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The Yellow Wallpaper by [Gilman, Charlotte Perkins]
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The Yellow Wallpaper Kindle Edition

4.3 out of 5 stars 182 customer reviews

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Length: 27 pages Word Wise: Enabled Enhanced Typesetting: Enabled
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Product Description

Book Description

First published in 1892, this perfect novel portrays with chilling power the powerlessness of women within Victorian marriage.

Synopsis

Tells the story of a nameless woman driven mad by enforced confinement after the birth of her child. Forced to live in an attic where the walls are covered in a sickly yellow wallpaper, she does what she has to do, she writes. Slowly but surely the tortuous pattern of the paper weaves itself into her mind. From the author of HERLAND.

Product details

  • Format: Kindle Edition
  • File Size: 68 KB
  • Print Length: 27 pages
  • Simultaneous Device Usage: Unlimited
  • Sold by: Amazon Media EU S.à r.l.
  • Language: English
  • ASIN: B0082UPBWC
  • Text-to-Speech: Enabled
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  • Word Wise: Enabled
  • Enhanced Typesetting: Enabled
  • Average Customer Review: 4.3 out of 5 stars 182 customer reviews
  • Amazon Bestsellers Rank: #1,377 Free in Kindle Store (See Top 100 Free in Kindle Store)
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Customer Reviews

Top Customer Reviews

Format: Kindle Edition Verified Purchase
I first read this story whilst at University studying Literature and came across it again as a friend (similarly studying) said that she had been reading it and enjoyed it. It was free on Kindle so I downloaded it to read it again. I'm so glad I did. This is a brilliant study of a woman slowly losing her mind. We first encounter the female lead as a woman who is "ill" in some mysterious way, although her doctor husband doesn't really think there's anything all that much wrong with her (sounds like one of the doctors at my surgery! He must have been employed in the NHS!) Through the story we discover she's just had a baby but doesn't seem to be able to bear the child near her. Next we find that she's living in an attic room which used to be a children's nursery - or did it? The gnawed bed, torn wallpaper, barred windows and "fixtures" like rings to the wall strike the reader as immediately odd. Children's nursery? Gymnasium? Or padded cell for the keeping of the insane? Insanity is the clear theme in the story as the narrator identifies and then identifies too closely with a mysterious woman who appears to be caged behind the bars of the yellow wallpaper of the room.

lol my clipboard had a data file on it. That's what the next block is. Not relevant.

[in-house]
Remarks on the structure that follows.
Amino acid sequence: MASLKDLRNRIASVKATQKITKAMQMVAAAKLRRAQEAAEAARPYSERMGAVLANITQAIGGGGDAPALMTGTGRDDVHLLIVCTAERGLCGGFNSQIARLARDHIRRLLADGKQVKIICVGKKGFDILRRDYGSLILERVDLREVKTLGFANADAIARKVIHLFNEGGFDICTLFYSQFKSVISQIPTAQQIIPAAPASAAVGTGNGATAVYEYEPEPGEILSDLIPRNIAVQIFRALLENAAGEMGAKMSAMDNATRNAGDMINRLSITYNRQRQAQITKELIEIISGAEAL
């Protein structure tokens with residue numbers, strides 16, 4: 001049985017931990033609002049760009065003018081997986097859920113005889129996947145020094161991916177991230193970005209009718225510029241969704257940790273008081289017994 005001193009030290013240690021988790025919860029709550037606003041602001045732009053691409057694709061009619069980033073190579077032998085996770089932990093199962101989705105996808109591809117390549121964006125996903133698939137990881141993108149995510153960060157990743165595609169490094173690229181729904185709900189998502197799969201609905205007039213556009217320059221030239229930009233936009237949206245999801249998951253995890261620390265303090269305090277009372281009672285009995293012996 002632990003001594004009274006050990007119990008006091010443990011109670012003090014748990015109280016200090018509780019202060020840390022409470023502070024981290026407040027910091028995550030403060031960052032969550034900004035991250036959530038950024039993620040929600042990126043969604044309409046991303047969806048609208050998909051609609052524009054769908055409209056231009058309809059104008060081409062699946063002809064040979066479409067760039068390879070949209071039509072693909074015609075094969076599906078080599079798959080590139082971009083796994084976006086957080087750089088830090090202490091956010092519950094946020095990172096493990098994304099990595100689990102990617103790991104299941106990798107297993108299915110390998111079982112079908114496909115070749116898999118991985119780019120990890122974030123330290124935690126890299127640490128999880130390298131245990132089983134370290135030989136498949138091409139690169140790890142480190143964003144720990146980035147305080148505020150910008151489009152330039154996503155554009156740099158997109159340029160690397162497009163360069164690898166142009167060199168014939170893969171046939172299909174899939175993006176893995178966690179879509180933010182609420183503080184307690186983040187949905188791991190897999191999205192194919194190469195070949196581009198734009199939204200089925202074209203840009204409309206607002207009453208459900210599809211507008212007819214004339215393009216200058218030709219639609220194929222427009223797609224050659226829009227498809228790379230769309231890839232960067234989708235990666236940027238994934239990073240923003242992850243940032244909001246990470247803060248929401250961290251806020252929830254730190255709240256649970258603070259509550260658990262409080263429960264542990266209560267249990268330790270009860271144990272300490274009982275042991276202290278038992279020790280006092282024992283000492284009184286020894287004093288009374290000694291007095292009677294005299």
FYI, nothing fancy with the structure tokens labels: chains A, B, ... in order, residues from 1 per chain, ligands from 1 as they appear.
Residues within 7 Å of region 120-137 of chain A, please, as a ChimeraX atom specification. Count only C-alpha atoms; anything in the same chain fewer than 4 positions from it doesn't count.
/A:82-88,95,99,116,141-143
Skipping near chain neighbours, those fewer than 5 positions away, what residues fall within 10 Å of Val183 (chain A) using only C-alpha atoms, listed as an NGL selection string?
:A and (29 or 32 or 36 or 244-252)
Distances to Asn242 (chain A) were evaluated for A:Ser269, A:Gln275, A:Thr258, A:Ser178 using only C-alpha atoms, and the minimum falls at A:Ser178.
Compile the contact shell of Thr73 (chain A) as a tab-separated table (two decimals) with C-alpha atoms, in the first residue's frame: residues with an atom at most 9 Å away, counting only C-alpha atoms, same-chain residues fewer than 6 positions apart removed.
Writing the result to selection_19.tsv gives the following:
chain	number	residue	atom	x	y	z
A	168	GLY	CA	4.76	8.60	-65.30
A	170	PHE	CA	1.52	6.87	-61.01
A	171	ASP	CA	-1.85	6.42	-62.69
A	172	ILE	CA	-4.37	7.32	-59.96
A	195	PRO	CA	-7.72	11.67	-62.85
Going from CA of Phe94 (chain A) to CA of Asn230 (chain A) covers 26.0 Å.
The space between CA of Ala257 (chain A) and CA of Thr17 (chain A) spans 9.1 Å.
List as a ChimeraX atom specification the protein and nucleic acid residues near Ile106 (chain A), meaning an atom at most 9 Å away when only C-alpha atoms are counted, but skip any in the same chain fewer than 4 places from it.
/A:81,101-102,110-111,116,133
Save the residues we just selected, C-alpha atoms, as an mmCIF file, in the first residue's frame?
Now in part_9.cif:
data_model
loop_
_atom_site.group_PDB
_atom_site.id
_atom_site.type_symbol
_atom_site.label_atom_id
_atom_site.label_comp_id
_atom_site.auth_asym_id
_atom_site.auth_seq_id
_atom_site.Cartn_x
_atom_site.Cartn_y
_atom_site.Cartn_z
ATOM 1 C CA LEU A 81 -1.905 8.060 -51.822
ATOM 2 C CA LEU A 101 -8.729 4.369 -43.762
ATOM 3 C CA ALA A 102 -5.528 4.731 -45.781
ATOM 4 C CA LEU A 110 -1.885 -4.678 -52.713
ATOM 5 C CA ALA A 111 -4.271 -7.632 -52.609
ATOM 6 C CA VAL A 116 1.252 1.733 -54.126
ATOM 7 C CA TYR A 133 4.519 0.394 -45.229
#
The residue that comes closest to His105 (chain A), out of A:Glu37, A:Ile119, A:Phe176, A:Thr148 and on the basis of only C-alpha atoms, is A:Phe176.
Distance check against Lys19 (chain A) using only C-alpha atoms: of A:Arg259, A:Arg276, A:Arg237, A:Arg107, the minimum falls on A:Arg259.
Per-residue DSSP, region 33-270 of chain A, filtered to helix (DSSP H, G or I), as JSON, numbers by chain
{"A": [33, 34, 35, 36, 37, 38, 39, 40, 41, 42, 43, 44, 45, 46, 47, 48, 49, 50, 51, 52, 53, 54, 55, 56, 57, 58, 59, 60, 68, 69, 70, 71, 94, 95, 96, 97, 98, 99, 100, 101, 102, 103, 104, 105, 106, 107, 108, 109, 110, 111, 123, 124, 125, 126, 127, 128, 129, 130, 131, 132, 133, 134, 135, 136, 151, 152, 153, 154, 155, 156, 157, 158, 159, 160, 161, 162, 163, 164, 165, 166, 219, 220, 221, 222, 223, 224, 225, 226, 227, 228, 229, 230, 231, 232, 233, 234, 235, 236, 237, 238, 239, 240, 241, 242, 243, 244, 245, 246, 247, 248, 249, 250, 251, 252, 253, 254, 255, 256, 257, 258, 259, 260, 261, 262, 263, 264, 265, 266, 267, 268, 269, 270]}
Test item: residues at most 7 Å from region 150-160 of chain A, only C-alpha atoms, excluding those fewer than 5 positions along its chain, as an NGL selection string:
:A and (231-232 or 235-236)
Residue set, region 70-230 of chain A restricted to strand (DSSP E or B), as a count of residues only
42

It's a fabulous story with the woman's progression into insanity clearly charted through the story, and yet it is subtly done. I remember when we studied it at University there was talk of yellow wallpaper being tinted with lead in the late nineteenth century which might have led to the woman's insanity. They also used to colour it with urine too, which smelled as the woman describes in the story - but did not, as far as I know, lead to insanity. Or it could have just been a simple case of post-natal depression. Whatever your interpretation, this is a fabulous story and very easy to read.
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Format: Paperback Verified Purchase